Saturday, April 7, 2012

Laura Beyer's Doom (LBDOOM.WAD)

Perhaps the most infamous of all unauthorized Doom products, Laura Beyer's Doom was sold for $20 and featured nine maps, replacing the first episode (with an install process that modified the Doom IWAD), and coming with three "bonus" levels. I really don't know how much Beyer was actually involved in this work. She's listed as the "Boss (she made us do it!)" and the destination for game orders, but Mike "Laura's BOY TOY" Helm is the Head Programmer with Kody Zander and Darryl Dewald listed as the actual level designers. Certainly someone was responsible for the new graphics and sounds, a few of the latter I recognize as appearing in Eternal Doom (and many other WADs of the time). As to how the team assembled, it looks like almost everyone was (and still is) stationed in Creston, Canada, so I assume they were friends.

Most of the new graphics and sounds are pretty bad, including the enemy replacements. Actually, the regular zombiman death is pretty good, but the baron, which appears to be a photographed action figure, is pretty painful, though the first time I got the call and response with his wake up and death noises I admit I smirked. Just a little. The textures aren't all awful, but the solid black with tiling brown squiggles blows, and while the well-known in-game advertisements aren't nearly as pervasive as in the demo level (here E1M9), I'd still rather not see them. Actually, with a few notable exceptions, texturing in the entire series is terrible. Granted, it's '94, but still.

There are some neat stabs at special effects here and there, like demons falling in through the ceiling or several instances of the "crystal sector" effect put to good use. Most of the gameplay is pretty boring, though, dispatching spaced out segments of monsters that probably can't even see you because of what I can only assume is a bum reject table. If you lob rockets, you don't even wake them up half the time. Furthering this boredom are some big design flaws, like long, slow elevators, mazes, and stale architecture. E1M7 is perhaps my favorite level but even it is weighed down by reusing its greatest aspect ad nauseum.

If you want a mapset that encapsulates some of the worst trends of '94 mapping, Laura Beyer's Doom is a fine choice. I think it deserves most of its reputation, though some of the comments directed toward Beyer herself are mind-boggling. There are some moments that might be worth seeing (inspired I'm sure by contemporary releases, especially Doomsday of UAC), but I think you can safely pass this one by unless you're historically curious.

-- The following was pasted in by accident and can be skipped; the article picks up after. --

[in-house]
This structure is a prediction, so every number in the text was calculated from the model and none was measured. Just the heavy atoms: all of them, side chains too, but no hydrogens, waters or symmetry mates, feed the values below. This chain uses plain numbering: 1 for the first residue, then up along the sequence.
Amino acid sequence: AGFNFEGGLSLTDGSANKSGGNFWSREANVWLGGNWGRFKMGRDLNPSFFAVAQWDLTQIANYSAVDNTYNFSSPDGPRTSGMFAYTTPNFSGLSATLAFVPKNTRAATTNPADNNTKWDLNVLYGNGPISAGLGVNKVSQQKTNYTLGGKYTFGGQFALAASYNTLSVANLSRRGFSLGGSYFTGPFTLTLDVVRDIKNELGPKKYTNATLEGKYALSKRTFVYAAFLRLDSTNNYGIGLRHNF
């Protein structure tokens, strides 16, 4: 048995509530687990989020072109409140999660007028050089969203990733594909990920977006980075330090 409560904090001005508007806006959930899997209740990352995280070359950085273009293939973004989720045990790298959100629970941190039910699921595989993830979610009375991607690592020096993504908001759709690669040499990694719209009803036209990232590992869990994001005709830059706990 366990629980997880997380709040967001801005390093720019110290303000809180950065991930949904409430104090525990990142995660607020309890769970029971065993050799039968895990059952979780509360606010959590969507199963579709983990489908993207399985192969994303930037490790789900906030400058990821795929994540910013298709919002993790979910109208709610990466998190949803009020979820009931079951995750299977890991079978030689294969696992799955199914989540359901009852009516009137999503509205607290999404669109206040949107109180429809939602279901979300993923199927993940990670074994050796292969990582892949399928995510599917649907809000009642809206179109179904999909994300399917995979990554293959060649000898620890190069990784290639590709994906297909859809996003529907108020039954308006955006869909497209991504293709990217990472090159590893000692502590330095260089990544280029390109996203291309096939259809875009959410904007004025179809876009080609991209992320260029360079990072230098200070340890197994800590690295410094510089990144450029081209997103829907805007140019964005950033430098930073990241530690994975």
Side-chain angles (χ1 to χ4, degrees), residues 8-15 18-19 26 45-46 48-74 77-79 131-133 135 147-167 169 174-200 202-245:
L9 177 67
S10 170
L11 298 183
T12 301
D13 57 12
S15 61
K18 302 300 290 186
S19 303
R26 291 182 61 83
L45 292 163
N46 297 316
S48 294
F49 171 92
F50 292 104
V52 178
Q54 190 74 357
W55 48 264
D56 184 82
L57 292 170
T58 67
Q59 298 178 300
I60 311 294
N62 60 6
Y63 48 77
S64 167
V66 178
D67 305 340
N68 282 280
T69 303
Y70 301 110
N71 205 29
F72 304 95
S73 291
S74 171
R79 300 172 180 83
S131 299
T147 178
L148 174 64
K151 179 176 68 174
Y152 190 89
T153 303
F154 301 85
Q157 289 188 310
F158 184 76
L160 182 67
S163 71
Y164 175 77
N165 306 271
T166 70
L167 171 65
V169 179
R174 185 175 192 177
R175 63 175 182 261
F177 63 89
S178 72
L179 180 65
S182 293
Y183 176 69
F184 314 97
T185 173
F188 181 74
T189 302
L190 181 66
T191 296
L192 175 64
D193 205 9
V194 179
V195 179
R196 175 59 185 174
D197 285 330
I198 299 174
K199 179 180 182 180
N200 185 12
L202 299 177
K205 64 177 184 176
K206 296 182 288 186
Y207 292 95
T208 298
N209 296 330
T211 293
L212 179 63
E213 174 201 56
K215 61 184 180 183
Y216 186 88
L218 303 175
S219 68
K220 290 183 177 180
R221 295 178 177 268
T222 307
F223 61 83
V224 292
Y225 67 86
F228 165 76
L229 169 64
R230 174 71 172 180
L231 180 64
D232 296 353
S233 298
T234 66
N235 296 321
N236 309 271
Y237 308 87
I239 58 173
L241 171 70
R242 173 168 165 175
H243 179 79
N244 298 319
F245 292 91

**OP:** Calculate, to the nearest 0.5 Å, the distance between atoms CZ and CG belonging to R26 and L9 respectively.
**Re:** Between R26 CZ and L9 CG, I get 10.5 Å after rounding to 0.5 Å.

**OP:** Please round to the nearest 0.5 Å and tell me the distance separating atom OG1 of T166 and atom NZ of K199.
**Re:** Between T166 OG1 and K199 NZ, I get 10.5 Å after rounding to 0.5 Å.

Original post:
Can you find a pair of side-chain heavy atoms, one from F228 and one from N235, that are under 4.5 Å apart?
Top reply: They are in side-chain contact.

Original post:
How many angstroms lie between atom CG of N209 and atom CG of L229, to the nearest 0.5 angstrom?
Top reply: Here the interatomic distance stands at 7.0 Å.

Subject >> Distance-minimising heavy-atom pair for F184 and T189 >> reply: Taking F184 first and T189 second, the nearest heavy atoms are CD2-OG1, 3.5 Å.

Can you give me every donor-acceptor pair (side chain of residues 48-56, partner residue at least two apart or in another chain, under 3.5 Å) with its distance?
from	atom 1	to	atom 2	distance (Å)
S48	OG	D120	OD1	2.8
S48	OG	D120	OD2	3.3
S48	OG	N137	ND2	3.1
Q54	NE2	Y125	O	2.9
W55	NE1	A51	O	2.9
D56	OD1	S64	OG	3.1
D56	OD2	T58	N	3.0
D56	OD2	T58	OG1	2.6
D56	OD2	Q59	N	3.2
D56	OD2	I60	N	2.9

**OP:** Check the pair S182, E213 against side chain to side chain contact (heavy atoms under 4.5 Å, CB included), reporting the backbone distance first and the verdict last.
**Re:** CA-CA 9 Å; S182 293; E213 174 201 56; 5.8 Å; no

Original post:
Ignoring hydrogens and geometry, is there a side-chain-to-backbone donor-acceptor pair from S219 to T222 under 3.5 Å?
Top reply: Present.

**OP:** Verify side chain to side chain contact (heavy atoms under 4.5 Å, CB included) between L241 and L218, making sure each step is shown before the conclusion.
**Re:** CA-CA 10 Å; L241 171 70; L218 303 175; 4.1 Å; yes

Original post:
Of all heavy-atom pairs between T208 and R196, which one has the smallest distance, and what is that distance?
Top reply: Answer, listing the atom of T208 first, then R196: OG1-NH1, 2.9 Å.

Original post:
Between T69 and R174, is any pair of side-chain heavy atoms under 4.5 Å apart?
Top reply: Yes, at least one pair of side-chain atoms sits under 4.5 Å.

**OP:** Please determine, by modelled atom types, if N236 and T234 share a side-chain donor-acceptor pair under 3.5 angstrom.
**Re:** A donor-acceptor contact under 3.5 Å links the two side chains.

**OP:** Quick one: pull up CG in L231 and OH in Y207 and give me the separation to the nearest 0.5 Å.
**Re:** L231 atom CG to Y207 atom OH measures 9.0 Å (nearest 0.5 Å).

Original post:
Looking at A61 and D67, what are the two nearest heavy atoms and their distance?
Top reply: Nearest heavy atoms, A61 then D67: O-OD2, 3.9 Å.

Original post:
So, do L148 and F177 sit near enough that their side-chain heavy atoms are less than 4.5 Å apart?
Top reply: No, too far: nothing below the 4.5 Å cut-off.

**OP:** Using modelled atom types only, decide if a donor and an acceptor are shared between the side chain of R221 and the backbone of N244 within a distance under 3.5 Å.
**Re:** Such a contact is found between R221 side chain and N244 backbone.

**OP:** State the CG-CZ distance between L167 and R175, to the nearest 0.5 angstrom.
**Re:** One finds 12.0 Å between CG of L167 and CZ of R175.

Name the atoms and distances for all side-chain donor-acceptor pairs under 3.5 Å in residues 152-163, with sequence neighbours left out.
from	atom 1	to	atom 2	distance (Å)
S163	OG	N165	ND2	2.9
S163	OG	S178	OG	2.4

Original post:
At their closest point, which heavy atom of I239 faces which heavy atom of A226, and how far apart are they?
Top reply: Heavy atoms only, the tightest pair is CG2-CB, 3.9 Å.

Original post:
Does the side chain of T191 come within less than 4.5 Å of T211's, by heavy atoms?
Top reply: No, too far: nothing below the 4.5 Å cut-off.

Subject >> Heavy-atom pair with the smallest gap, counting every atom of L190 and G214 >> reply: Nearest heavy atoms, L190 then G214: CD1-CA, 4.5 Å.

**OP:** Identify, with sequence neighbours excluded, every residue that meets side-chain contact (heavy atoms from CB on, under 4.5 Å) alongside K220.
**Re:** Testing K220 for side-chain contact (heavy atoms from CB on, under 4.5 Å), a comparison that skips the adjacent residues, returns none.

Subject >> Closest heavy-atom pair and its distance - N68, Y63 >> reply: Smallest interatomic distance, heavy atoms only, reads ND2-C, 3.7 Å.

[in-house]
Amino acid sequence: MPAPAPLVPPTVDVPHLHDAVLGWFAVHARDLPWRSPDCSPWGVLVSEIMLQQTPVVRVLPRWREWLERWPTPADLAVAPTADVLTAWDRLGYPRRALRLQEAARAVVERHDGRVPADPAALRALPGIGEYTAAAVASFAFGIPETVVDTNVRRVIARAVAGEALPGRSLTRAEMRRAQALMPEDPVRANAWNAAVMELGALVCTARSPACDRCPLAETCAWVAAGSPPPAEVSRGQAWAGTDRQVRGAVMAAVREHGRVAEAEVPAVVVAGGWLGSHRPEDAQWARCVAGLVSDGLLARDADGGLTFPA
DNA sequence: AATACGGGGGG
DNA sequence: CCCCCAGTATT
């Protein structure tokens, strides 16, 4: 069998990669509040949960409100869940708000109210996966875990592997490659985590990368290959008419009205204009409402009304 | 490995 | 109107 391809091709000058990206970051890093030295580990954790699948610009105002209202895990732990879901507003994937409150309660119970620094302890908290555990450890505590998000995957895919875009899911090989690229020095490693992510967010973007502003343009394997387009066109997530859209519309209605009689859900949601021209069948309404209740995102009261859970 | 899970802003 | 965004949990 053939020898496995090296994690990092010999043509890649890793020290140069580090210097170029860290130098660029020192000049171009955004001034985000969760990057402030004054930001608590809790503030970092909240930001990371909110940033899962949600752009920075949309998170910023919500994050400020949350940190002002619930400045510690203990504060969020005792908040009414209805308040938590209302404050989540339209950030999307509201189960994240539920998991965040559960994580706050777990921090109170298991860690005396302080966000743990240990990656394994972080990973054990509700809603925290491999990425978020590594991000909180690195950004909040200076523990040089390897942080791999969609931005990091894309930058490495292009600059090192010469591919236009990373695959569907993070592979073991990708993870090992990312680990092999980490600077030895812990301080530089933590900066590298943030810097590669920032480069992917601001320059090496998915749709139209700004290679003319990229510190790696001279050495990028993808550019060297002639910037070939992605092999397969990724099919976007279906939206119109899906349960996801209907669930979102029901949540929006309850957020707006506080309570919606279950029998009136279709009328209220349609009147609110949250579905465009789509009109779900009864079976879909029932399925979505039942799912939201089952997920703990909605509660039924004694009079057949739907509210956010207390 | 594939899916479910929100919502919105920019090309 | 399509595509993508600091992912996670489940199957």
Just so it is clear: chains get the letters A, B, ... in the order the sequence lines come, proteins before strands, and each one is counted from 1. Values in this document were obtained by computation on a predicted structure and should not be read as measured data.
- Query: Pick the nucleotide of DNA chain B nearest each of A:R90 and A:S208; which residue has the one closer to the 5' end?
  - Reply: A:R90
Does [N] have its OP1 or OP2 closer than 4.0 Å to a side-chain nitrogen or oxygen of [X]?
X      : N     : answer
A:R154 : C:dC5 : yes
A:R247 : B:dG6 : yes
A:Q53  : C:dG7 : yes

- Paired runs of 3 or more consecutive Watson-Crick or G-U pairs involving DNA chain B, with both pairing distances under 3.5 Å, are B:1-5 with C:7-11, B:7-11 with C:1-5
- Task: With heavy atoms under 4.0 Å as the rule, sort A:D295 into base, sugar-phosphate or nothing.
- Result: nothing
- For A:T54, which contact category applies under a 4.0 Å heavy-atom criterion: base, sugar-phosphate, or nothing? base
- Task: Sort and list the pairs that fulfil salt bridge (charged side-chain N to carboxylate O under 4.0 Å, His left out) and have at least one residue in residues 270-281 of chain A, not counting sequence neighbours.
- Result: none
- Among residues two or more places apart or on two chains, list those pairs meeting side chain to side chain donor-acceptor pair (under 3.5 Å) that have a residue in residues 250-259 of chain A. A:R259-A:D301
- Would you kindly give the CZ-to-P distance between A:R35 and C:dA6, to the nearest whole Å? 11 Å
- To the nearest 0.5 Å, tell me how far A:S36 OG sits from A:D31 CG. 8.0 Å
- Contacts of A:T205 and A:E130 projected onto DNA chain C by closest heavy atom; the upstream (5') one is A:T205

by Kody Zander and Darryl Dewald

Three large, outdoor areas making use of the garish custom textures. The key to exploration resides in the enormous columns, inside of which are powerups, teleporters and triggers to map features. You're rarely in danger; the author has scattered soulspheres, combat armor and ammo practically everywhere, and there's some kind of reject table screw-up that prevents the map's token Cyberdemon from getting a shot at you. While it's slathered in '94, I think the light bridge secret is pretty cool as long as you're comfortable ignoring the giant invisible wall that marks its presence. Putting the blue key in a "secret" though is beyond the pale.

Ugly as sin huge cavern. The smaller sections with the arch graphic are almost passable but the huge white walls are an eyesore. Again, the puzzles are a bit obtuse. The yellow key has a goofy domino sequence and an invisible wall you're supposed to squeeze past. Also a Cyberdemon who is completely non-threatening, never mind the two soulspheres in the cavern with him. The only inspired part is a bit where you see demons "fall" in from the ceiling, but the speed of the lift coupled with the fact that you can see them far ahead of time robs the effect of efficacy.

More garish underground caverns, but things are a tad bit better. For one, the central teleporter shows some slightly interesting level design, though the lift room is downright annoying. Conversely, the rocket launcher area is more vibrant. It's a slow stair spiral, but the flaming tiles damage you, and coupled with pressure from the baron replacements (and a few other things) you have to plot your movements a little more carefully. There's also a bizarre annex featuring a wall graphic featuring (I assume) Laura herself. I'm seeing... a little improvement?

This is the infamous demo level. It's a haunted house with some of the best mapping yet, though considering what's gone before, it's not much to get excited about. Actually, I'll be honest. Stuff like the fireplace you can activate (and fur rug) and the billiards table is pretty cool. There's also a garden / Pac-Man maze that's...totally optional I think? And a very confusing bit with three barons that appear to float in the air because of a rising floor. Actually, it's one of the most successful special effects in the episode yet. It suffers due to the obnoxious advertising near the beginning (though the literal pop-up near the end is genius, if just as annoying).

Starts out in a mansion-esque section and descends into uninteresting mazey gameplay. The lifts leading to the bedroom are annoying, along with the climb to the red key, which has three tiers of slowly rising winding staircases with hardly any enemies to show for it. Funnily enough, the main attraction is the northeastern maze, which actually pulls off "menacing" with the effective footfall sound effect. Once you've cleared out most of the enemies, you'll get progressively jumpier looking for the final few. Throwing one in the walls that gets crushed later on in the level would have been delicious.

Another abstract map featuring curious, semi-realistic areas like the miniature houses in the northern area or the jail section to the southwest. Action is par for the course, being mostly uninteresting save areas like the jail where some monsters wake up before you see them, or the primitive special effects displayed in the Satanic cathedral and those "teleporter" pads past the blue key door. That opening foyer might look a bit better if it weren't so garishly textured.